Inhaled Steroid Reduces Systemic Inflammation in COPD
Systemic inflammation is present in chronic obstructive pulmonary disease (COPD), which has been linked to cardiovascular morbidity and mortality. We determined the effects of oral and inhaled corticosteroids on serum markers of inflammation in patients with stable COPD.
Chronic Obstructive Pulmonary Disease
Drug: inhaled fluticasone 500 mcg b.i.d.
|Study Design:||Allocation: Randomized
Endpoint Classification: Efficacy Study
Intervention Model: Parallel Assignment
Primary Purpose: Treatment
|Official Title:||Effects of Fluticasone On Systemic Markers of Inflammation in Chronic Obstructive Pulmonary Disease|
- Change in serum C-reactive protein (CRP) levels
- Change in serum interleukin-6 and monocyte chemoattractant protein-1 levels
|Study Start Date:||January 2002|
|Estimated Study Completion Date:||July 2003|
We recruited patients aged 45 to 80 years, who had stable symptoms of COPD in the previous 3 months before study entry. All patients had a forced expiratory volume in one second (FEV1) after bronchodilation with 400 mcg salbutamol that was 25 to 90% of predicted, a change of less than 20% of predicted FEV1, 30 minutes following bronchodilation, and a FEV1/forced vital capacity (FVC) of less than 75%. Patients also had a history of at least 10 pack-years of smoking or prolonged exposure (>10 years) to noxious gases (e.g. diesel fumes).
At the first visit, patients, who were taking inhaled corticosteroids, were asked to immediately discontinue the use of these medications. They were allowed to take other anti-COPD medications. None of the patients took theophyllines at the time of study entry and no new medications were commenced between the first and second visits. The patients returned 4 weeks later for a second visit, at which point, they were randomized into one of the three arms of the trial: placebo capsules and a placebo puffer, fluticasone (500 mcg twice daily) and placebo capsules, or prednisone (30 mg once daily) and a placebo puffer. The trial period lasted 2 weeks. Patients were then assigned to fluticasone (500 mcg twice daily) for 8 weeks in an un-blinded fashion, followed by an additional 8 weeks of fluticasone at 1000 mcg twice daily. At each visit, we measure the participants' serum C-reactive protein (CRP) level using nephelometry in accordance with recommendations from Center for Disease Control and the American Heart Association. We also measured serum concentrations of interleukin-6 (IL-6) and monocyte chemoattractant protein-1 (MCP-1). IL-6 was measured because it is a powerful signaling cytokine for CRP expression by the liver and is a known, independent risk factor for cardiovascular events.22,23 MCP-1 was measured because it may play a central role in the pathogenesis of COPD24 and by itself is a known risk factor for atherosclerosis, myocardial infarction and cardiac deaths. All samples were analyzed in duplicate.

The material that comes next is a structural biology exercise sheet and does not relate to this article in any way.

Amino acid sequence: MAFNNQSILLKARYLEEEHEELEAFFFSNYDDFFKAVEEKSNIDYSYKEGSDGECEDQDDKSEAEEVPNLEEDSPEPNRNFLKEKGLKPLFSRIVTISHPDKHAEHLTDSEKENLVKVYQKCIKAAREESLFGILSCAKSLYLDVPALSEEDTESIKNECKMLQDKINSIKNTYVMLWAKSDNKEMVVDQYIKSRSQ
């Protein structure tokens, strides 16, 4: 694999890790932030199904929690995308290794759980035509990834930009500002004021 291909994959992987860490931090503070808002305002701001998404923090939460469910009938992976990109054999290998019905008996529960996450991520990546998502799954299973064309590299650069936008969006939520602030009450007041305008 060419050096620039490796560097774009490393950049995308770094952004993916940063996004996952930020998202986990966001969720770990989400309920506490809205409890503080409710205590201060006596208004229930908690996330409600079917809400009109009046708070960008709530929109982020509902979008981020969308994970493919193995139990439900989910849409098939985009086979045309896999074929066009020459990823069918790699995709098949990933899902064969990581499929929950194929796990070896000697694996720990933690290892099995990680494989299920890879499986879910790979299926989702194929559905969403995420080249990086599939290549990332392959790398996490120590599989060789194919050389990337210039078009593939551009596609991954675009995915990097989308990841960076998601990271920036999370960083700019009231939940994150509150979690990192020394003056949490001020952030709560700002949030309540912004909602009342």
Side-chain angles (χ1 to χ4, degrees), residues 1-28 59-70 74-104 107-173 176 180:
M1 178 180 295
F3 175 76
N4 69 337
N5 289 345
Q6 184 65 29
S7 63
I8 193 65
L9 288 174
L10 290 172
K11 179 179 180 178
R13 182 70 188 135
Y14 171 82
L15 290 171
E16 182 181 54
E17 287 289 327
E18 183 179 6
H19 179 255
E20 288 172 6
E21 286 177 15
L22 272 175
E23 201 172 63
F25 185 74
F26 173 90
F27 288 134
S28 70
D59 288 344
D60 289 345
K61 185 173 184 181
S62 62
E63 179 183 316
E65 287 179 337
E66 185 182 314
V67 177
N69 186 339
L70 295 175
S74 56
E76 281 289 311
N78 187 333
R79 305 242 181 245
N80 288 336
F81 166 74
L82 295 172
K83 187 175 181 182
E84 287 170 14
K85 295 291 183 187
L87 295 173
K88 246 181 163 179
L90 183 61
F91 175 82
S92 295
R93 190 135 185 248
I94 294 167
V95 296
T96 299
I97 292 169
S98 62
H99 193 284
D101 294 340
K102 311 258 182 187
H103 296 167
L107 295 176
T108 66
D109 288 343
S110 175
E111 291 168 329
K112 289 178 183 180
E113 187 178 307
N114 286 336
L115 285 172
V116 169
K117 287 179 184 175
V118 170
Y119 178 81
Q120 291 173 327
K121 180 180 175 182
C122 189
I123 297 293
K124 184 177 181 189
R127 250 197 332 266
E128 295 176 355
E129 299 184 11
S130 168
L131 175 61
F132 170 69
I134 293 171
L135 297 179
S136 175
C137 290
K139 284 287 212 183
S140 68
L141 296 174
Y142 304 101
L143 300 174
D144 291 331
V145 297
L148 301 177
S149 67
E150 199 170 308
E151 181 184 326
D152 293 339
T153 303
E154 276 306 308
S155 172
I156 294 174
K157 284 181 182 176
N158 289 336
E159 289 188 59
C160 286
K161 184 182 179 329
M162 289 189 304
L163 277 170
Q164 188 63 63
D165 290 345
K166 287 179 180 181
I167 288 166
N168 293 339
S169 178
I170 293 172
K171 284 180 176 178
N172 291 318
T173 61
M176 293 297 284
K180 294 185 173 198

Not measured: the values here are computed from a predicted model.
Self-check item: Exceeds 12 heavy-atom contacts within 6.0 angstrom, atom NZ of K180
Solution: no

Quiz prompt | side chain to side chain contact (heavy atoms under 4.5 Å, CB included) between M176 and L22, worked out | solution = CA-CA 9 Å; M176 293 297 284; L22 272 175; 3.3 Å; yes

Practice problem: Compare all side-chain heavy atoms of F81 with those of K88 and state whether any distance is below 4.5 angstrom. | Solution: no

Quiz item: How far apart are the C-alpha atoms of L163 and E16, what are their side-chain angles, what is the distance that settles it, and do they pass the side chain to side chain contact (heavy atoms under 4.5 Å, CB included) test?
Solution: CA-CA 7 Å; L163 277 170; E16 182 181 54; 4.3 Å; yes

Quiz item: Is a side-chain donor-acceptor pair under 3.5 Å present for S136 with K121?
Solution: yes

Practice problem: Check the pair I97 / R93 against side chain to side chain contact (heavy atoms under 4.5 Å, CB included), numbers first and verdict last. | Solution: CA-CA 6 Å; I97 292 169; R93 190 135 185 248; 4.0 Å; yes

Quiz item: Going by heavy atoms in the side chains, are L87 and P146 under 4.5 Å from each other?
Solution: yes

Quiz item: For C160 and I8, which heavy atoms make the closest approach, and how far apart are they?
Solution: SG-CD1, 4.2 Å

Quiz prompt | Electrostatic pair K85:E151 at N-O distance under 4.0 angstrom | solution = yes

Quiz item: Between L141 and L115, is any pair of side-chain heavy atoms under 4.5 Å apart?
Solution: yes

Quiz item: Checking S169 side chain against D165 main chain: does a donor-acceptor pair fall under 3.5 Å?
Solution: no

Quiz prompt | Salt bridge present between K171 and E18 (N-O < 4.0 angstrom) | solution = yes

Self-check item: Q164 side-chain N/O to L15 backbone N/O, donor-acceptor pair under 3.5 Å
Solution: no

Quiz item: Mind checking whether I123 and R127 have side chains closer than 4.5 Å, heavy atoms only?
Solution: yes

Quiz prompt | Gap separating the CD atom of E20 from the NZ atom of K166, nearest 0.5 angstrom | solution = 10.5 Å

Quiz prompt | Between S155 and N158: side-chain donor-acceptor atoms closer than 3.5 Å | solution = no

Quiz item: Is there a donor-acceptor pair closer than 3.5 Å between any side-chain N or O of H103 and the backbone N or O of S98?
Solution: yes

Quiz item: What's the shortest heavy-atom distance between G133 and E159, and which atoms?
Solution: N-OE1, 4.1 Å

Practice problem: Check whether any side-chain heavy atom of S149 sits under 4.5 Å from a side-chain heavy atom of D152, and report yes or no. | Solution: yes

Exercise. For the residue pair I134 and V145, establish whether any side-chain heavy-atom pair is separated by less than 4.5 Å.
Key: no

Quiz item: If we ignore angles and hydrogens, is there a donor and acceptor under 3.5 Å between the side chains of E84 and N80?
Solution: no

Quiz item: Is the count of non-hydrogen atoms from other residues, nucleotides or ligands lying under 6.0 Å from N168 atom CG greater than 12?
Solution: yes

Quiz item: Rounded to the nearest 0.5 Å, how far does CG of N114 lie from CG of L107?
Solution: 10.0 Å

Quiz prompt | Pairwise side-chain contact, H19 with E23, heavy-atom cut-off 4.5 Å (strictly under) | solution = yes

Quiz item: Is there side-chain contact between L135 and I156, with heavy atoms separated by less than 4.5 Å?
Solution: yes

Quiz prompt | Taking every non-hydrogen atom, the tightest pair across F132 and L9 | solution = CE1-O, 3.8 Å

For analytic purposes, continuous variables that were not normally distributed (including CRP values) were log-transformed to achieve normality. We used a paired t-test to compare the log-transformed CRP values between visit 2 (i.e. at the time of randomization) and visit 3 (at the end of the randomized trial phase) within each treatment group. Similarly, using visit 2 as the referent CRP value, we used paired t-tests to compare log-transformed CRP values across the visits. To assess whether there was a gradient in the log-transformed CRP values between placebo, fluticasone and prednisone groups, we also used a Mantel-Haenszel test for trend. We reasoned a priori that oral prednisone, a more potent systemic corticosteroid than inhaled fluticasone, would have the largest effect on CRP, followed by fluticasone. Linear regression was used to examine the association between changes in interleukin-6 and log-transformed CRP values between visit 1 and 2 and between visit 2 and 3. Continuous variables are expressed as meanSD, unless otherwise specified.
|University of Alberta|
|Edmonton, Alberta, Canada, T6G 2R7|
|Canada, British Columbia|
|University of British Columbia|
|Vancouver, British Columbia, Canada, V6Z 1Y7|
|Principal Investigator:||Paul Man, MD||University of British Columbia|